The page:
Wilkins, John, A discovery of a new world : or a discourse tending to prove, that 'tis probable there may be another Habitable World in the Moon ; with a discourse concerning the Probability of a Passage thither; unto which is added, a discourse concerning a New Planet, tending to prove, that 'tis probable our earth is one of the Planets

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[31. Necnon Oceano paſci phæbumque polumq; Gredimus.]
[32. PROP. IV. That the Moon is a Solid, Compacted, Opacous Body.]
[33. PROP. V. That the Moon hath not any Light of her own.]
[34. PROP. VI. That there is a World in the Moon, bath been the direct Opinion of many Ancient, with ſome Modern Mathematicians, and may probably de deduc’d from the Tenents of others.]
[35. PROP. VII. That thoſe Spots and brighter parts, which by our ſight may be diſtinguiſhed in the Moon, do ſhew the difference betwixt the Sea and Land, in that other World.]
[36. PROP. VIII. The Spots repeſent the Sea, and the brighter parts the Land.]
[37. PROP. IX. That there are high Mountains, deep Vallies, and ſpacious Plains in the Body of the Moon.]
[38. PROP. X. That there is an Atmo-ſphæra, or an Orb of groſs, Vaporous Air, immediately encompaſſing the body of the Moon.]
[39. PROP. XI. That as their World is our Moon, ſo our World is their Moon.]
[40. Provehimur portu, terræque urbeſque recedunt.]
[41. PROP. XII.]
[42. PROP. XIII.]
[43. PROP. XIV.]
[44. FINIS.]
[45. A DISCOURSE Concerning a Rem Planet. Tending to prove That ’tis probable our EARTH is one of the PLANETS. The Second Book. By John Wilkins, late L. Biſhop of Cheſter.]
[46. LONDON: Printed by J. D. for John Gellibrand, at the Golden Ball in St. Paul’s Church-Yard. M.DC.LXXXIV.]
[47. To the Reader.]
[48. PROP. I.]
[49. PROP. II.]
[50. PROP. III.]
[51. PROP. IV.]
[52. PROP. V.]
[53. PROP. VI.]
[54. PROP. VII. PROP. VIII. PROP. IX. PROP. X.]
[55. That the EARTH May be a PLANET. PROP. I.]
[56. PROP. II.]
[57. PROP. III.]
[58. PROP. IV.]
[59. PROP. V. That the Scripture, in its proper conſtru-ction, does not any where affirm the Immobility of the Earth.]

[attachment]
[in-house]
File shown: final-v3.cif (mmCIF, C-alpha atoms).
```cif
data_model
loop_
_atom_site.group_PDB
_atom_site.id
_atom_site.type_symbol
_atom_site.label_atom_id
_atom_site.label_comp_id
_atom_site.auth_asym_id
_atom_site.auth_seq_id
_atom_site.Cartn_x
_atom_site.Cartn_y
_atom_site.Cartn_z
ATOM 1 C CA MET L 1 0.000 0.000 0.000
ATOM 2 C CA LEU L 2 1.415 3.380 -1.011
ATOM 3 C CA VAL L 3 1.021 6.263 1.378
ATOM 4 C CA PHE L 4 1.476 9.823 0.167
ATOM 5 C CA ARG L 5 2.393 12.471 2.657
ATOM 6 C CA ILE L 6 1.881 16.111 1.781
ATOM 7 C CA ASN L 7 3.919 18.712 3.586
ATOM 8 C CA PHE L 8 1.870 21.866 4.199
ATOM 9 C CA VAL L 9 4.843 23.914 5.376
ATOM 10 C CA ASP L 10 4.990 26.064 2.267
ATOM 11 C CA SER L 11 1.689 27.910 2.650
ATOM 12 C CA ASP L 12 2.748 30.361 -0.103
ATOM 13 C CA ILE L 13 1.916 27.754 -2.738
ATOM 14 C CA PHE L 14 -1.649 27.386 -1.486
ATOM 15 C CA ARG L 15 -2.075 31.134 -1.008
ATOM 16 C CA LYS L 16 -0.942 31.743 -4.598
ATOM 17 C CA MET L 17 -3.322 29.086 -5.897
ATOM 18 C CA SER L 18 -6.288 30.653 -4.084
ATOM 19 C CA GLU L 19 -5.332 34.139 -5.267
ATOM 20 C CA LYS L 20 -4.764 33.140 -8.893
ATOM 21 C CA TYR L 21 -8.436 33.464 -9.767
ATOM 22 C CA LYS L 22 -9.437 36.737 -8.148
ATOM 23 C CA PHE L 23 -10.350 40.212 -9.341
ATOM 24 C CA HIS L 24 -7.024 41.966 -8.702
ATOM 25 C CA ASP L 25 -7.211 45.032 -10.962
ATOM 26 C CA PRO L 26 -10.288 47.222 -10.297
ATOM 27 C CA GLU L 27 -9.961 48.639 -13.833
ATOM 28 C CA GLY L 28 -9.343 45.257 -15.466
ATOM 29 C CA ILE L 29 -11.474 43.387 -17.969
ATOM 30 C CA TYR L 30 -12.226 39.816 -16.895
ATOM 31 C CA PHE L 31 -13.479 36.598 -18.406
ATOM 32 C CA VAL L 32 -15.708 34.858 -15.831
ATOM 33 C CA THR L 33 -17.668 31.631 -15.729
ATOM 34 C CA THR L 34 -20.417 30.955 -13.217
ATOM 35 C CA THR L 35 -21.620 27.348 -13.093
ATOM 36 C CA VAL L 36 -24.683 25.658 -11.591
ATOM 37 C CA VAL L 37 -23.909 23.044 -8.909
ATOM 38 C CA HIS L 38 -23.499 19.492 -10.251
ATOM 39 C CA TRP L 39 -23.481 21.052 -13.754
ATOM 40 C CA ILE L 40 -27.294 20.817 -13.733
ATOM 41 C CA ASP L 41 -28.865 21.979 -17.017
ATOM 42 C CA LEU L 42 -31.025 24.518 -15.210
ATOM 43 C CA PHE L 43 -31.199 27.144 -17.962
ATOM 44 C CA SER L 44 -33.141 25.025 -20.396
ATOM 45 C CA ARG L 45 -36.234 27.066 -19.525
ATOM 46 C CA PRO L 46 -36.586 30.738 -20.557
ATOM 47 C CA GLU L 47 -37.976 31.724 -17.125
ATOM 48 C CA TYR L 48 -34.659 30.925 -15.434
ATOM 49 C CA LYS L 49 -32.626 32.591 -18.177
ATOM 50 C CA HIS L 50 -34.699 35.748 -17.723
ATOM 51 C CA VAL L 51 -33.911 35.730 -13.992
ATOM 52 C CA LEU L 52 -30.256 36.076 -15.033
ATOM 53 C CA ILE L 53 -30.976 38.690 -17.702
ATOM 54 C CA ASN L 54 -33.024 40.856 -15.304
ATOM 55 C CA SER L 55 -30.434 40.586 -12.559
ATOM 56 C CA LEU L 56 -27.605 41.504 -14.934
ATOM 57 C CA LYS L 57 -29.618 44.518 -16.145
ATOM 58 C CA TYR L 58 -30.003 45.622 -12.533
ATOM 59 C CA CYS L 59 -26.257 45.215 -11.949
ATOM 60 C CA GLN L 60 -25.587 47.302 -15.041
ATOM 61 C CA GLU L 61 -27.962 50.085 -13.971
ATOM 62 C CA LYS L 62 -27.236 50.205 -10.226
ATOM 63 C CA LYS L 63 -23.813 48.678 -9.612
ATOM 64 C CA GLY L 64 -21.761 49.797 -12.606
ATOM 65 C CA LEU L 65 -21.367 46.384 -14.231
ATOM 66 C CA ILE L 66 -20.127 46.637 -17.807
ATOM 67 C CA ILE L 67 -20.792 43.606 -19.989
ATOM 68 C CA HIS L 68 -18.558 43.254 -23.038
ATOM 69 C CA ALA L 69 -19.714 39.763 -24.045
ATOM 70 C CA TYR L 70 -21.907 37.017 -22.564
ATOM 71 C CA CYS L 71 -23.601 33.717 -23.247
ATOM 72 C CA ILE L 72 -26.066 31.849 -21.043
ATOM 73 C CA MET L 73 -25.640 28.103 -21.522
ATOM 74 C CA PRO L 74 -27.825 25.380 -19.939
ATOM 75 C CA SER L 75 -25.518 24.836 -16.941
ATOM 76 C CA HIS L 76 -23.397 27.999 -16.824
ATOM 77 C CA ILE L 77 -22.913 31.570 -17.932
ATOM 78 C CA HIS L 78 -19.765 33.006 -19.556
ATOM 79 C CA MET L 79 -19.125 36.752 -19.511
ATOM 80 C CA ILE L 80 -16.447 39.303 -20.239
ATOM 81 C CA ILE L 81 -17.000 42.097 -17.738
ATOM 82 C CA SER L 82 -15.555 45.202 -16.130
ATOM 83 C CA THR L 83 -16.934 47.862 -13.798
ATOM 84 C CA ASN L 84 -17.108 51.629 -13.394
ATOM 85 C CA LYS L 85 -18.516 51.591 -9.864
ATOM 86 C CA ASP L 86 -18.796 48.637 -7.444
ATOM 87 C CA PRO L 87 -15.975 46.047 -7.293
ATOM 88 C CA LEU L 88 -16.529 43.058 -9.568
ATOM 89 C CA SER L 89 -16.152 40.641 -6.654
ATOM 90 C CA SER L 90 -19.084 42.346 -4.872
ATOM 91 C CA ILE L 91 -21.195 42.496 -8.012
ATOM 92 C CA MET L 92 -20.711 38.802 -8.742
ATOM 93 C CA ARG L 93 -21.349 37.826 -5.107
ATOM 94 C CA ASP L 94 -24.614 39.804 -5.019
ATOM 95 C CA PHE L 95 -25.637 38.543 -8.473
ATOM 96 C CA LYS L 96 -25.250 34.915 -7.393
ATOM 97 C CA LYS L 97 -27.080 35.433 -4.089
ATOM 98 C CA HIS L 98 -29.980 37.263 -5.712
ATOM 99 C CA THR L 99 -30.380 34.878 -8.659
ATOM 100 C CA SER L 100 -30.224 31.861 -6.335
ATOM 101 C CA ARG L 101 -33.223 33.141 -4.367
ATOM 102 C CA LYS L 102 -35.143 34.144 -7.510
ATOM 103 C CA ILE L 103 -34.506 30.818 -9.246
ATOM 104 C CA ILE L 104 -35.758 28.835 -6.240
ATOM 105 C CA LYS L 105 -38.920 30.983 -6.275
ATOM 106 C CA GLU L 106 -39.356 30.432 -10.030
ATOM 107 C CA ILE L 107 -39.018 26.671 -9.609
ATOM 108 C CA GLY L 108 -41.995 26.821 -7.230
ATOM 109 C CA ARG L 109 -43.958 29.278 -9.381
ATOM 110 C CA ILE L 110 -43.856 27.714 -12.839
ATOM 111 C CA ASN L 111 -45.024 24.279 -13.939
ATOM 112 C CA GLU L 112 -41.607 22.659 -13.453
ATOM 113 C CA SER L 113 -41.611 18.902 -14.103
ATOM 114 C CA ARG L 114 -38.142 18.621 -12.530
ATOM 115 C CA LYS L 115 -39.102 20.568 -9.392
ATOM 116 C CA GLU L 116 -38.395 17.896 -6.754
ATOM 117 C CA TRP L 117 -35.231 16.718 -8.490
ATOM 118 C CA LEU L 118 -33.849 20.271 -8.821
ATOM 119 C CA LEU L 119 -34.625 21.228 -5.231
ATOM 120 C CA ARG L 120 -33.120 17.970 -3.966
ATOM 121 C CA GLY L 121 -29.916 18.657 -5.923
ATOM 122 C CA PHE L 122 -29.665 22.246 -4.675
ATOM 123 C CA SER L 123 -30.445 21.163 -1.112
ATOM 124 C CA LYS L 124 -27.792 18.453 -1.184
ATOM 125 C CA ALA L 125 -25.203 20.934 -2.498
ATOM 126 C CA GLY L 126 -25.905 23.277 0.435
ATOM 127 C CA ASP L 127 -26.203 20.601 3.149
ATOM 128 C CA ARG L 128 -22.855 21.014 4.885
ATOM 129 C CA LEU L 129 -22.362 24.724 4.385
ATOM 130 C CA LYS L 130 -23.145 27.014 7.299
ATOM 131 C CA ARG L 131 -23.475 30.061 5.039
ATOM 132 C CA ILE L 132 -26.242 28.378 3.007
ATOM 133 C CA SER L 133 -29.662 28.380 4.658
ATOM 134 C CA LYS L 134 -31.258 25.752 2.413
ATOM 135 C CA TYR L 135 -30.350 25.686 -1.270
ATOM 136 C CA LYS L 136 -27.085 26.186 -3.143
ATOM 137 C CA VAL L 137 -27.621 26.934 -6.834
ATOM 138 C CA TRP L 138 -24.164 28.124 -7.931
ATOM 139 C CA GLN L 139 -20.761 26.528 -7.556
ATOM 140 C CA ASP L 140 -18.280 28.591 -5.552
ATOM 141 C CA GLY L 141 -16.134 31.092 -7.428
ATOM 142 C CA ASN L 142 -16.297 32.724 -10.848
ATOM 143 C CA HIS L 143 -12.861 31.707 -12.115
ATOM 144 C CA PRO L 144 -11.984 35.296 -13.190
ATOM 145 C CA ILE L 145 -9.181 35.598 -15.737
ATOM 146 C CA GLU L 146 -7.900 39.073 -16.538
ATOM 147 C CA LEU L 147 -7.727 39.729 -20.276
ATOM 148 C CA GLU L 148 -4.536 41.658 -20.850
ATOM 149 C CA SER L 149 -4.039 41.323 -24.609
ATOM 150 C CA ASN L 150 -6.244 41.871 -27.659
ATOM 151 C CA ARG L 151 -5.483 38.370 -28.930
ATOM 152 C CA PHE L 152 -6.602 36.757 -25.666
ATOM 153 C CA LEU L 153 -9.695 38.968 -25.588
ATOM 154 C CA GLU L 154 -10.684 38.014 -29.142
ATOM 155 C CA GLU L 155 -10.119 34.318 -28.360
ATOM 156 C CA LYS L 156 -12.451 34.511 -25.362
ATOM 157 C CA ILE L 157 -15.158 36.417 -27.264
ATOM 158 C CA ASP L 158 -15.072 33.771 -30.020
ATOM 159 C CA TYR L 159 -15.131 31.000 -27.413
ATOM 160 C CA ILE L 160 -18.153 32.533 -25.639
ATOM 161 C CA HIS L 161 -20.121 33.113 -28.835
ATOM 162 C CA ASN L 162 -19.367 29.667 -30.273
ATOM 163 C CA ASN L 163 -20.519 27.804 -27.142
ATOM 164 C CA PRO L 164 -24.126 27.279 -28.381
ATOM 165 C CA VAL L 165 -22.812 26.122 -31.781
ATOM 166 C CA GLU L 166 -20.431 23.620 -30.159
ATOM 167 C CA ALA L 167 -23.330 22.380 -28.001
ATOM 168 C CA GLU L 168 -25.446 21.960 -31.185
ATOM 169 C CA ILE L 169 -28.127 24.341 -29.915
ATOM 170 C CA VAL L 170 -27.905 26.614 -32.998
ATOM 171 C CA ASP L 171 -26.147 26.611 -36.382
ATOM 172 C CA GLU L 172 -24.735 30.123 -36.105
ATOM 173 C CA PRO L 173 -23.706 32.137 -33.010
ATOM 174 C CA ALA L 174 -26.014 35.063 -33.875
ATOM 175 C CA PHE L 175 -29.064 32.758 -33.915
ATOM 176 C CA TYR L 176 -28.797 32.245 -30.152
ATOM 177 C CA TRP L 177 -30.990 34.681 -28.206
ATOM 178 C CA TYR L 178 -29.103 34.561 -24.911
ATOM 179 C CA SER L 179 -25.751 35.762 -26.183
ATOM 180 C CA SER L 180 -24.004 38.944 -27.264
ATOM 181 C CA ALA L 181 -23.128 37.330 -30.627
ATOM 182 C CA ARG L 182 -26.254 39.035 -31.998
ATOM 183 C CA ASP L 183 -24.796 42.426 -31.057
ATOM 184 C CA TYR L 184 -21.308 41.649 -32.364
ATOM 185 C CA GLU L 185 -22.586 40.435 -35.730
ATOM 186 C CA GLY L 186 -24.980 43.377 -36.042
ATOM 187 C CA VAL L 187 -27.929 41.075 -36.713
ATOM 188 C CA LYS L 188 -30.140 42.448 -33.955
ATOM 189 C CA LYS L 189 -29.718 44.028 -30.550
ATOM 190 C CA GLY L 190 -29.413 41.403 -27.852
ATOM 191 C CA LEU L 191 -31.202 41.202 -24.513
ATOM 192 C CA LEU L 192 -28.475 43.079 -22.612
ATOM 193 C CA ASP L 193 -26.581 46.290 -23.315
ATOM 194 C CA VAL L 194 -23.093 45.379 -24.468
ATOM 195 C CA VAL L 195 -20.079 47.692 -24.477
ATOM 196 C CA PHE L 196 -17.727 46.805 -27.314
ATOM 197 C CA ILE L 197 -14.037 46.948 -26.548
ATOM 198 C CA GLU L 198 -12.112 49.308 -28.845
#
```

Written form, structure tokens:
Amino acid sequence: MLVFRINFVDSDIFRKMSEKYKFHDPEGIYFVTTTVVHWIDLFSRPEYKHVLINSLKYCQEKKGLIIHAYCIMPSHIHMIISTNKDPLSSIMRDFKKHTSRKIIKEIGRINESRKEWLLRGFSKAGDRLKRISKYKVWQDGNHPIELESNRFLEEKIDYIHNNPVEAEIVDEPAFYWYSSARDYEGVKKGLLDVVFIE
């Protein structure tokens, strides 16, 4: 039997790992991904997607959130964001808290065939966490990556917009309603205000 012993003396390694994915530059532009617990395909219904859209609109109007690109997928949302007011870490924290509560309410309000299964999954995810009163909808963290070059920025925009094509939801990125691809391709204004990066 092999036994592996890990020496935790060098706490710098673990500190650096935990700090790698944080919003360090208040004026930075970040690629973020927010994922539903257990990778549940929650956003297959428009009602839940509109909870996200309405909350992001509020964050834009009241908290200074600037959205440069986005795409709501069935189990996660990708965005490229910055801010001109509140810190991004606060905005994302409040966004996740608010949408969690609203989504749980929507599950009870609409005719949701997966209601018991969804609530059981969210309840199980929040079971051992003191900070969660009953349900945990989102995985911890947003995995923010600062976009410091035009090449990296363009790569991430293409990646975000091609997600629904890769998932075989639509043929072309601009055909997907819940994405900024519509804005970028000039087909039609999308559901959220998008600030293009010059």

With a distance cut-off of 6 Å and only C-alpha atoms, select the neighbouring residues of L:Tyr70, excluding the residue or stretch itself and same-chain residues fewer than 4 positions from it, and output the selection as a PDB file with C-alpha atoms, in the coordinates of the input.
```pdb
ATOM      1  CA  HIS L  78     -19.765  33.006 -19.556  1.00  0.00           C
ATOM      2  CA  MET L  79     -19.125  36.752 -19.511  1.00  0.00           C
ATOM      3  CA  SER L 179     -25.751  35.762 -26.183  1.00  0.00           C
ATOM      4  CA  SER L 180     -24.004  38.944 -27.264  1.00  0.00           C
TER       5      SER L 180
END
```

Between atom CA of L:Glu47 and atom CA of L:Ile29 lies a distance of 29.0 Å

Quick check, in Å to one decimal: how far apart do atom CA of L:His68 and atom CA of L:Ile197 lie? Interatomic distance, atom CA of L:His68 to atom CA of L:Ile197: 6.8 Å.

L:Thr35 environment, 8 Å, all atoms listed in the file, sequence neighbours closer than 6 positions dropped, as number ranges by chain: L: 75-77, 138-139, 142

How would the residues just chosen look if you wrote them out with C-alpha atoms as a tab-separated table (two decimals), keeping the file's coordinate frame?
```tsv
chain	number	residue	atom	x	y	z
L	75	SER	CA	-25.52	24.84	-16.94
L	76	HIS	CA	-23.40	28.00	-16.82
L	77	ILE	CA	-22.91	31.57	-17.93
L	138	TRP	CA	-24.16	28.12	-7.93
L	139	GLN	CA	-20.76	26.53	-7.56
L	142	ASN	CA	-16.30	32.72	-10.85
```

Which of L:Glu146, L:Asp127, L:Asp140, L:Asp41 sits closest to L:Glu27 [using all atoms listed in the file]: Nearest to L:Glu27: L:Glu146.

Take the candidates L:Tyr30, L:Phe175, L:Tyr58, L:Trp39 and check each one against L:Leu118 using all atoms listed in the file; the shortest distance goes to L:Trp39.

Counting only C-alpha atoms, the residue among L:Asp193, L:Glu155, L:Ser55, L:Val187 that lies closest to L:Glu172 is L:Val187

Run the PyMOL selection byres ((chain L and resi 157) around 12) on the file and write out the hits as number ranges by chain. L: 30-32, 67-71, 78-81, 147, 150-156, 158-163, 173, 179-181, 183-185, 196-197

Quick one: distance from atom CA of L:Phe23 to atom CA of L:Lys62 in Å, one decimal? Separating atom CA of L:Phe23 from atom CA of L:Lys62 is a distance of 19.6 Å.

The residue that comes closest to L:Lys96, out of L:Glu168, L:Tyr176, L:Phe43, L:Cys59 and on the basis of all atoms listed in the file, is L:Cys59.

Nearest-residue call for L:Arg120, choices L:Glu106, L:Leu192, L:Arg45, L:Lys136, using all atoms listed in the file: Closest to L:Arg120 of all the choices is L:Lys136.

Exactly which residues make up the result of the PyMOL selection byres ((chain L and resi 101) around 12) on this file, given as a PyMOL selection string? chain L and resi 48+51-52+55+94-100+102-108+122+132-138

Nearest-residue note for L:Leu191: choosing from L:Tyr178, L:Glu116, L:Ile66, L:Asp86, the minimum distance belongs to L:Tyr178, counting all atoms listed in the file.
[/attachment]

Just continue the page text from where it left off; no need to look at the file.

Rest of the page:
[60. PROP. VI. That there is not any Argument from the Words of Scripture, Principles of Na-ture, or Obſervations in Aſtronomy, which can ſuſſiciently evidence the Earth to be in the Gentre of the Uni-verſe.]
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The Epiſtle to the READER.

IF amongſt thy leiſure hours, thou canſt
ſpare any for the pernſal of this diſcourſe,
and doſt look to find ſomewhat in it which
may ſerve for thy Information and Benefit:
let me then adviſe thee to come unto it with
an equal Mind, not ſwayed by Prejudice, but
indifferently reſolved to Aſſent unto that
Truth which upon Deliberation ſhall ſeem
moſt probable unto thy Reaſon, and then I
doubt not, but either thon wilt agree with me
in this Aſſertion, or at leaſt not think it to
be as far from Truth, as it is from common
Opinion.
Two Cautions there are which I would wil-
lingly Admoniſh thee of in the Beginning.
I. That thou ſhouldſt not here look to find
any Exact, Accurate Treatiſe, ſince this
Diſcourſe was but the Fruit of ſome Lighter
Studies, and thoſe too budled up in a ſhort
time, being firſt thought of, and finiſhed in
the ſpace of ſome few Weeks, and therefore
you cannot in Reaſon Expect, that it ſhould be
ſo poliſhed, as perhaps, the Subject would re-
quire, or the leiſure of the Author might have
done it.

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